Based on the letters of Earl Philip Reinhalter (1922-1953). Edited by his son, Earl Philip Reinhalter (1950-).
March 14, 1944
Somewhere in New Guinea
Since my last letter to you, I have received a Valentine card and a letter from you dated February 17th. Also, received a New Year's card from Phus and a forwarded Christmas card from Etta Smith. I am glad that you have finally received the Jap shells and hand grenade for souvenirs. I have in a previous letter told you what I wanted for my birthday. It particularly doesn't make any difference whether I receive the things on time or not. Time up here doesn't mean much. One day is about the same as the next. Sometimes it slips our minds as to just what month it is. The term "fuzzy-wuzzy" is a slang word given to all the natives by the Yanks and Aussies. It was derived from their type of hair, it usually looking like a worn-out mop with a reddish tint on top of a mass of black fuzz. No, I haven't received the copies of the pictures yet and I won't be surprised if I ever do because of certain recent events. All of the mail, I actually know, doesn't get through to us.
A couple times a week, we have movies at one camp or another on the base. Once in a while, the infantry band plays for us. Incidentally, the members of the band act as stretcher bearers during the actual fighting. Well, since my last letter, things have been practically the same. Saw three more Jap prisoners. The infantry killed, it is said, about thirty others, but saved these three for questioning. We have been bombed some more times. At one time we were bombed four nights out of five. The next morning, everyone looks over the scattered pieces of shrapnel. One bomb a long time ago was found to contain bottle caps, nails, glass, and razor blades - of American make. The other day, a squadron of our planes landed here all shot up. They had just returned from a dogfight with a squadron of Zeros. We lost two planes. The Japs lost twelve. A pretty good score. One of the planes made a crash landing here. The pilot wasn't hurt. Do you remember me telling you of the pilot with all of the Jap planes to his credit - twenty-two to be exact? Well, he got shot down while on a strafing mission over a Jap air base. [Probably meaning Neel Kearby. See photos below. - Ed.] Well, it's all in the game, I guess. A pilot cannot be lucky all of the time. One of my friends about a week ago was lost. The plane which he was in was last seen out over the Pacific Ocean. That was a week ago. Well, I have about half of my required combat time in now. Maybe I'll be home for Christmas. We had steak and fresh eggs today - the first time in over a month. Incidentally, the egg crate was marked "Packed in 1939." Well, this is just a short letter - nothing much to say - except that I am still O.K. - up to today - anyway. So, until next time - again soon.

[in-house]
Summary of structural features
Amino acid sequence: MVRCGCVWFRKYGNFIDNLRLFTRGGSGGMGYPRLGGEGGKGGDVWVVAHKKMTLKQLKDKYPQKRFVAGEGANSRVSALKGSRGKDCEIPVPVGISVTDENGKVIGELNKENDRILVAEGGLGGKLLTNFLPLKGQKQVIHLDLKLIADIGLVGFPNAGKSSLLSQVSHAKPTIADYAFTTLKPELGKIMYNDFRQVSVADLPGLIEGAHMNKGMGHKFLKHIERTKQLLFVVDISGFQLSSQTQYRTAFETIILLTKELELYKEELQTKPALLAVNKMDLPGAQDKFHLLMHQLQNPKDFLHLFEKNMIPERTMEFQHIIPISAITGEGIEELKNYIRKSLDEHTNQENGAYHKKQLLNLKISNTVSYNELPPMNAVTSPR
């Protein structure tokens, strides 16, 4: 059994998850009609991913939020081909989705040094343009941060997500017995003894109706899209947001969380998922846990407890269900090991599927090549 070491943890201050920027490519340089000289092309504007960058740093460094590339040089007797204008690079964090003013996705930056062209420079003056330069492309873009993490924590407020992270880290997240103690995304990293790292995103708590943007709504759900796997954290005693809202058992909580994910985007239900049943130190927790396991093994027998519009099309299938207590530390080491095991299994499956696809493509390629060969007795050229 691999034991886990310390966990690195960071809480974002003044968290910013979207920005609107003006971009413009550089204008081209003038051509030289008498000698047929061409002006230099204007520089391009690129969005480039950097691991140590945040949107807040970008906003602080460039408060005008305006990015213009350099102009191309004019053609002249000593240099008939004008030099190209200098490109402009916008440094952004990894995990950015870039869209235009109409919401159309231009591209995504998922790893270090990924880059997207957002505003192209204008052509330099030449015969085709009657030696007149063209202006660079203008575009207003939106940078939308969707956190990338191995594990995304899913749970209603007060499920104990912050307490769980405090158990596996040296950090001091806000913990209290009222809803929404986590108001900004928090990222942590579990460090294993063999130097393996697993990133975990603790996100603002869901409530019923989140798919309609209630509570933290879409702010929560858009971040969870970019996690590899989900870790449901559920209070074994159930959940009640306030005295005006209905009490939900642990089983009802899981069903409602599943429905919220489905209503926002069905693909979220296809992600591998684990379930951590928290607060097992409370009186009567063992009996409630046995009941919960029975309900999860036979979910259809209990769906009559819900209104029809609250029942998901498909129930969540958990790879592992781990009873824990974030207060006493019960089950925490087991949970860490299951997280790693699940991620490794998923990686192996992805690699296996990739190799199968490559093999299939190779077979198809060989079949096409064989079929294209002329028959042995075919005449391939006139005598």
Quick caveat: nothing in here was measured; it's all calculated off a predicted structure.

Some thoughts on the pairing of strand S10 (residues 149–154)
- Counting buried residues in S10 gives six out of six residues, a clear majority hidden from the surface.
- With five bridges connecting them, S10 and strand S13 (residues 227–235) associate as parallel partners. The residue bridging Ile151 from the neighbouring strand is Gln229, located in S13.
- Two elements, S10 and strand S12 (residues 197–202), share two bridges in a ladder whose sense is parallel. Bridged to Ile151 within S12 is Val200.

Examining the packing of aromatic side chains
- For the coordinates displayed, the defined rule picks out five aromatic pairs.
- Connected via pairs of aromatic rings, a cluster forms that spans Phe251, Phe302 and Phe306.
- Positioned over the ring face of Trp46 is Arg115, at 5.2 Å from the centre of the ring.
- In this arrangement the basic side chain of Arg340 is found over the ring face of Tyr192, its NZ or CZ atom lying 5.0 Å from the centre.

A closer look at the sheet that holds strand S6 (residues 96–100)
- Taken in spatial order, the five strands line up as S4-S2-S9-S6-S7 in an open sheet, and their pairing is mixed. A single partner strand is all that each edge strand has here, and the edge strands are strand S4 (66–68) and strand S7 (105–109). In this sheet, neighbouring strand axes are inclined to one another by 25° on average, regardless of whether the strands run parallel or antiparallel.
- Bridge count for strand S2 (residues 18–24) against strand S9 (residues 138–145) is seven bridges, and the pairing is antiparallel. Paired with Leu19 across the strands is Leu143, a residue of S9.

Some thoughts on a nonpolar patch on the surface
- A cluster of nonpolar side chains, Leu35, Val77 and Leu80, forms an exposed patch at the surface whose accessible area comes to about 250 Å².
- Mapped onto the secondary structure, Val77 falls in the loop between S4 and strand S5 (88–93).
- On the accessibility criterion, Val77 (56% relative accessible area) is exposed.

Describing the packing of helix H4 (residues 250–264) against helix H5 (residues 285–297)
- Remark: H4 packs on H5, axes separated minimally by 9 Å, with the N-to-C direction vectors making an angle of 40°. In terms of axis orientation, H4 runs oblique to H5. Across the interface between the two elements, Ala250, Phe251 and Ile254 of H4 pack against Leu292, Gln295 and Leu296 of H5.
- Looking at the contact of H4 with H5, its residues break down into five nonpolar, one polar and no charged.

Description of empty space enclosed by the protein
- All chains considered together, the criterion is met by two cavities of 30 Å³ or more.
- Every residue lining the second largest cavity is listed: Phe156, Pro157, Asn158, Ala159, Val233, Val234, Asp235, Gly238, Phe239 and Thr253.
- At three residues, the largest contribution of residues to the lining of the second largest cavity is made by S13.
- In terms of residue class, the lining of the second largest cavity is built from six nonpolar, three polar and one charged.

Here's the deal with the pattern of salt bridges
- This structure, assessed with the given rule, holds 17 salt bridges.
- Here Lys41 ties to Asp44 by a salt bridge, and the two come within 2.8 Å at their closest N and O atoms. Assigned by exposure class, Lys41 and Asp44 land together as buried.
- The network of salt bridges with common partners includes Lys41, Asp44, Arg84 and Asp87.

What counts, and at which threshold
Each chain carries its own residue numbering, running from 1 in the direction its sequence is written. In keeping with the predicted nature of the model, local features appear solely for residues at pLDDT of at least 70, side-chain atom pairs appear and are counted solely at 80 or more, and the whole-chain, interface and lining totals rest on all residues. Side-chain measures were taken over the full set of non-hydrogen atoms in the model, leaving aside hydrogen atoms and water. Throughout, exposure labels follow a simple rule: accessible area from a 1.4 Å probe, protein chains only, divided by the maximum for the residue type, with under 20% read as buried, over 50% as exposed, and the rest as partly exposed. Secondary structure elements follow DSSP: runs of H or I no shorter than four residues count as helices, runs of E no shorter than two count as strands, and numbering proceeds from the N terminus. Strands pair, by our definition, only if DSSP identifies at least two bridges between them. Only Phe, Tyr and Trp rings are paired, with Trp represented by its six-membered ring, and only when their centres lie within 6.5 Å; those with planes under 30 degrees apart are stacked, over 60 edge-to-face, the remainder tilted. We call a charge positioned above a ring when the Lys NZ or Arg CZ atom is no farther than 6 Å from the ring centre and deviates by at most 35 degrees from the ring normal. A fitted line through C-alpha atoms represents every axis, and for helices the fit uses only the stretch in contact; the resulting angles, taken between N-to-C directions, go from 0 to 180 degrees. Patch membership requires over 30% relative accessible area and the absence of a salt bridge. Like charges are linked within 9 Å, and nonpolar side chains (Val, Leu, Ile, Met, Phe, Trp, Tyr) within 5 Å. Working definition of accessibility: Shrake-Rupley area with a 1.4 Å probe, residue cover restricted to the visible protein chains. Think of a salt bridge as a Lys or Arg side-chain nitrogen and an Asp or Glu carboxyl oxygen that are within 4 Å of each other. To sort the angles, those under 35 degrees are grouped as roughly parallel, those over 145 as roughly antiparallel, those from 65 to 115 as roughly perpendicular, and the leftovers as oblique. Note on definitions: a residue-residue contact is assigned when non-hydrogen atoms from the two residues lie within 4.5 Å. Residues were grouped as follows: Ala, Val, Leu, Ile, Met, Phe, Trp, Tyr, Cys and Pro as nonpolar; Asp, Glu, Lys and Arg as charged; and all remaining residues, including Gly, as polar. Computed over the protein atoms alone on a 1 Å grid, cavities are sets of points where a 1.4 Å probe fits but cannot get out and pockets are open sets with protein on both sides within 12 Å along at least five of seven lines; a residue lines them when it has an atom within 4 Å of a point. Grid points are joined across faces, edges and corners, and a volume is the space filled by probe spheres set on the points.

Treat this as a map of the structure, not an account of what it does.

Neel Kearby's plane "Fiery Ginger" on the runway, probably at Saidor Airfield. The 22 "kills" painted on the side of the plane was
his total for the war. If that's him in the cockpit, this might be one of his last photos. He was himself shot down on March 5, 1944.
Colonel Neel Kearby's P-47, named "Fiery Ginger" after his wife Virginia. One of the top flying aces of the Pacific
Theater - notice the 22 "kills" painted on the side of his plane - he was himself shot down on March 5, 1944.
Another photo of Neel Kearby's "Fiery Ginger II" plane. The 22 "kills" marked on the side of the plane was his total
for the war, before being shot down himself. So these may have been the very last photos taken of his plane.
A soldier in New Guinea poses with the P-47 flown by Dick Rowland. This was "Miss Mutt II / Pride of Lodi, Ohio," the second of several
"Miss Mutt" planes that Rowland flew. See this blog article for more background. "Miss Mutt III" is the next photo below.
"Miss Mutt III" / "Pride of Lodi Ohio" - a Republic P-47 Thunderbolt - on the runway in New Guinea, circa 1943-44. This was
the third "Miss Mutt" plane flown by Dick Rowland. The eight "kills" painted under the cockpit was his total for the war..
Planes on runway in New Guinea, 1943.
Vultee A-31 Vengeance Navy dive bombers on the runway, probably in New Guinea.
NOW AVAILABLE AS A KINDLE BOOK!
The Kindle book includes the letters; all 23 issues of the unit’s wartime newsletter “The Squadron Pulse,” which was originally edited by Leonard Stringfield; all 12 issues of the “Pennant Parade” newsletter that Stringfield published while sailing home after the war; complete text of the U.S. government booklet “Pocket Guide to Australia,” which soldiers heading Down Under were given to read; more than 200 photos; pre-war and postwar family history; and over 700 explanatory endnotes.
This page established: November 11, 2018
Last updated: February 23, 2023
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